Moles and Malignant Melanoma

MELANOCYTES are funny things. They sit in the bottom layer of the EPIDERMIS (which is the outer covering of the skin; the rest of the skin is the DERMIS) and their job is to make melanin, which they pass onto the cells on either side of them. Melanin protects cells from damage to their DNA by UV light. DNA damage can lead to cancer. People with pigmented skin do not have more melanocytes, just more melanin.

They make moles that are benign and evolve from purely intraepidermial (‘junctional’) to mix epidermal and dermal (‘compound’) and eventually purely (‘intradermal’). ie they move downwards. They may be disfiguring, or become inflamed, or be a nuisance, but they are BENIGN, although they may become malignant.

Dysplastic naevi are not entirely benign and may progress to cancer; therefore, they need to be excised completely and with a sufficient margin of normal tissue.

Melonoma (with or without the prefix ‘malignant’) is NEVER benign. Once diagnosed and excised, it is the job of the pathologist to tell the dermatologist all the technical factors which influence how it will behave and therefore what further treatment is required. The most important thing the pathological assesses is how thick the melanoma is: less than 1 millimetre (see how thin that is?) 1-2 millimetres thick, 2-3 millimetres thick, 3-4 millimetres thick or over 4 millimetres thick. The thicker they are, the worse it is.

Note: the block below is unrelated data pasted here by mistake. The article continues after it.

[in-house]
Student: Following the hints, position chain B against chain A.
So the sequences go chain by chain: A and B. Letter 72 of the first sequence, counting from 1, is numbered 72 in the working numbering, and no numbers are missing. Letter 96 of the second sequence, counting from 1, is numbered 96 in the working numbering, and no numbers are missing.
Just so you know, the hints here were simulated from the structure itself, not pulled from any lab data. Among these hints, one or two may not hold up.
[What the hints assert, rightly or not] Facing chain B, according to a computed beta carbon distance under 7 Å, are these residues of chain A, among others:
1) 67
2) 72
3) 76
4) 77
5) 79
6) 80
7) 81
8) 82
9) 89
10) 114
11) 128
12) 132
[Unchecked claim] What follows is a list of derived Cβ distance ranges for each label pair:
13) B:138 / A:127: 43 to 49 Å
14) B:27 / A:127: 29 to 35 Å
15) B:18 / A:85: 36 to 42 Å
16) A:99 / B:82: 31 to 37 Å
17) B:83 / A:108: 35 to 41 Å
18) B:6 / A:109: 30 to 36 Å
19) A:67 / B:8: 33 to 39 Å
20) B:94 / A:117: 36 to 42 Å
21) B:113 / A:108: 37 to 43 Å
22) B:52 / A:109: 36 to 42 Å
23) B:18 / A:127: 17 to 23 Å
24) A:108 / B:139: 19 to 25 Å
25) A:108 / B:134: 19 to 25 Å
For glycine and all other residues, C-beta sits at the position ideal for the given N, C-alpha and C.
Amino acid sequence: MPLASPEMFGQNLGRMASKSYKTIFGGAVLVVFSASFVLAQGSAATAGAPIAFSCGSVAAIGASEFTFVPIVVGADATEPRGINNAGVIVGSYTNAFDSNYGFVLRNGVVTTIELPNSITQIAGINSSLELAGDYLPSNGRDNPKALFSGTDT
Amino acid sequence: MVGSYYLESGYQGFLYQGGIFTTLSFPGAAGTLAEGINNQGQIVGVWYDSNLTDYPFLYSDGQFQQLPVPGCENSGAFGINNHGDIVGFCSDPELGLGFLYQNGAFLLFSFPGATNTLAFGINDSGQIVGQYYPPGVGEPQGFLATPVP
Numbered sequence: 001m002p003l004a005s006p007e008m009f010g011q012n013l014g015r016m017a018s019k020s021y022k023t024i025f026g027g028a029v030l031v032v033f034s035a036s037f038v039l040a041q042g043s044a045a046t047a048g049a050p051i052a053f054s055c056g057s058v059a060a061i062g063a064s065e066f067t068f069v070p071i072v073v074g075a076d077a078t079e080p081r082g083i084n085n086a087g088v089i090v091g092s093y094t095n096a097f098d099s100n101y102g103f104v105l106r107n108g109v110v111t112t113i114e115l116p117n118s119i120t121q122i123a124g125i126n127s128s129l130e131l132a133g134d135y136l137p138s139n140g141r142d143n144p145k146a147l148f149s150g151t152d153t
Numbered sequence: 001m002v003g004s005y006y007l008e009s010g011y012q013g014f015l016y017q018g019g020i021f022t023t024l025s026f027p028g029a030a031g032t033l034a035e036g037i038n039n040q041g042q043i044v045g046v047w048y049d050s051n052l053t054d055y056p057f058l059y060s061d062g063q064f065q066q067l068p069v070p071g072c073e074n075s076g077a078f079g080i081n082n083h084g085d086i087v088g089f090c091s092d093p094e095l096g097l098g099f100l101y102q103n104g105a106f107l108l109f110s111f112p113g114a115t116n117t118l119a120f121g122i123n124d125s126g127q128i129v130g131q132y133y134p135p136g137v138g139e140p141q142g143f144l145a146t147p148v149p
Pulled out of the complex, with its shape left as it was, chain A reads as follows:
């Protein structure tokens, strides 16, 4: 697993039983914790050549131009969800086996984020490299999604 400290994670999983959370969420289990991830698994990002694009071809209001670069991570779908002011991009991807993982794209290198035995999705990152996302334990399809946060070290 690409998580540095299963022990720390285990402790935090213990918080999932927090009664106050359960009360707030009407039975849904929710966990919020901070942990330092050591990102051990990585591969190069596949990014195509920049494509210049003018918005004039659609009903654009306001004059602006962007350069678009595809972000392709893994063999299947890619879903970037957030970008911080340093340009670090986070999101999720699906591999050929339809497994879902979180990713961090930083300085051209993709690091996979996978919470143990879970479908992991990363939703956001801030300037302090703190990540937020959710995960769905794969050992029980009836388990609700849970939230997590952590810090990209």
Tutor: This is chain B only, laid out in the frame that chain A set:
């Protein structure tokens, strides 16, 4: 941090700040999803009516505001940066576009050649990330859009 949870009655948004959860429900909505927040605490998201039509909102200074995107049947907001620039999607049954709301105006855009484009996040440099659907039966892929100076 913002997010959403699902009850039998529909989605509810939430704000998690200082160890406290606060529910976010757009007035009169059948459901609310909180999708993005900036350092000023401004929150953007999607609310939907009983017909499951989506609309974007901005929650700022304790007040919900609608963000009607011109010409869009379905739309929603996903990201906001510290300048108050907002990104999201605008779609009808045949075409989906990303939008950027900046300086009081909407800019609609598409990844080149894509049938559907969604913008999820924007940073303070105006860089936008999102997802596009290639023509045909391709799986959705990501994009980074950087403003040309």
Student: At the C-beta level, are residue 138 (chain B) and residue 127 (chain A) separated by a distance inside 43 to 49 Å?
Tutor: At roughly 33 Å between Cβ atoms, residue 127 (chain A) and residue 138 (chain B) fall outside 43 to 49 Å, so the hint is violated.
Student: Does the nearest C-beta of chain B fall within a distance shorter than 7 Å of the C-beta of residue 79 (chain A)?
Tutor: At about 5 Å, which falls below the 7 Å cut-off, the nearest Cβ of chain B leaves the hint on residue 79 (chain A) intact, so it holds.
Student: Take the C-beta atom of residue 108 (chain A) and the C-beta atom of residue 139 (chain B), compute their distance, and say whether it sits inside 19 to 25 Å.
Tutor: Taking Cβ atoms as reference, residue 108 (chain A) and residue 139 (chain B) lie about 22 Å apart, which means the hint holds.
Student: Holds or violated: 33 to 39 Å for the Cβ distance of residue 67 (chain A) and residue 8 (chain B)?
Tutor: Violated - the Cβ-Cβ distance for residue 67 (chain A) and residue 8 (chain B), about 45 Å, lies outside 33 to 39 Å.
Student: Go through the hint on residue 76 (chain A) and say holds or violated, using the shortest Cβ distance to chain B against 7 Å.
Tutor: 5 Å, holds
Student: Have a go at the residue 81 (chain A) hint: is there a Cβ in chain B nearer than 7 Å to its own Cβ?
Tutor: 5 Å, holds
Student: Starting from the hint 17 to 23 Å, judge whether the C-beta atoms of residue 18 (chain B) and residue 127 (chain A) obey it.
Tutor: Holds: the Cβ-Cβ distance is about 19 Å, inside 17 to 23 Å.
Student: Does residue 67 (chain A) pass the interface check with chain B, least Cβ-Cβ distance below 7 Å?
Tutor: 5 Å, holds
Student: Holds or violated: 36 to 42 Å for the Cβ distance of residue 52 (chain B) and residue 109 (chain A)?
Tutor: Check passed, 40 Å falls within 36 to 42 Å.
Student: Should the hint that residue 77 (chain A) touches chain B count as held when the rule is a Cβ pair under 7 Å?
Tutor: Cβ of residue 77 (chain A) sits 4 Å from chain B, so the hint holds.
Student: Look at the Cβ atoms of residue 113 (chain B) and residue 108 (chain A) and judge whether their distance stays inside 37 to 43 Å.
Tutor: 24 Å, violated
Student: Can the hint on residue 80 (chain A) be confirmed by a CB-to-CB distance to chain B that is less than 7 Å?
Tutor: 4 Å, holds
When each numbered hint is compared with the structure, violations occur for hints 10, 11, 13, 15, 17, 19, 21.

Further treatment may include a wider local excision (WLE) of up to 3cm around the original melanoma to mop up any satellite deposits. That’s a lot, believe me.

Melanomas can spread, but they may spread in a funny way. The most usual is to the local lymph glands (or nodes). Sentinel node biopsy is a way of determining if the local nodes are involved or not. Melanoma may spread to the liver or lungs or anywhere, though. Also melanoma may occur in funny locations that never see the sun.

All cancers have abnormal genes. Some melanomas have BRAF mutations that may be used as a therapeutic target – ie if the mutation is present, certain drugs may be of help.

Lastly, people can occasionally live a long time with melanoma that has spread. Usually, though it is an aggressive cancer that kills quite quickly.

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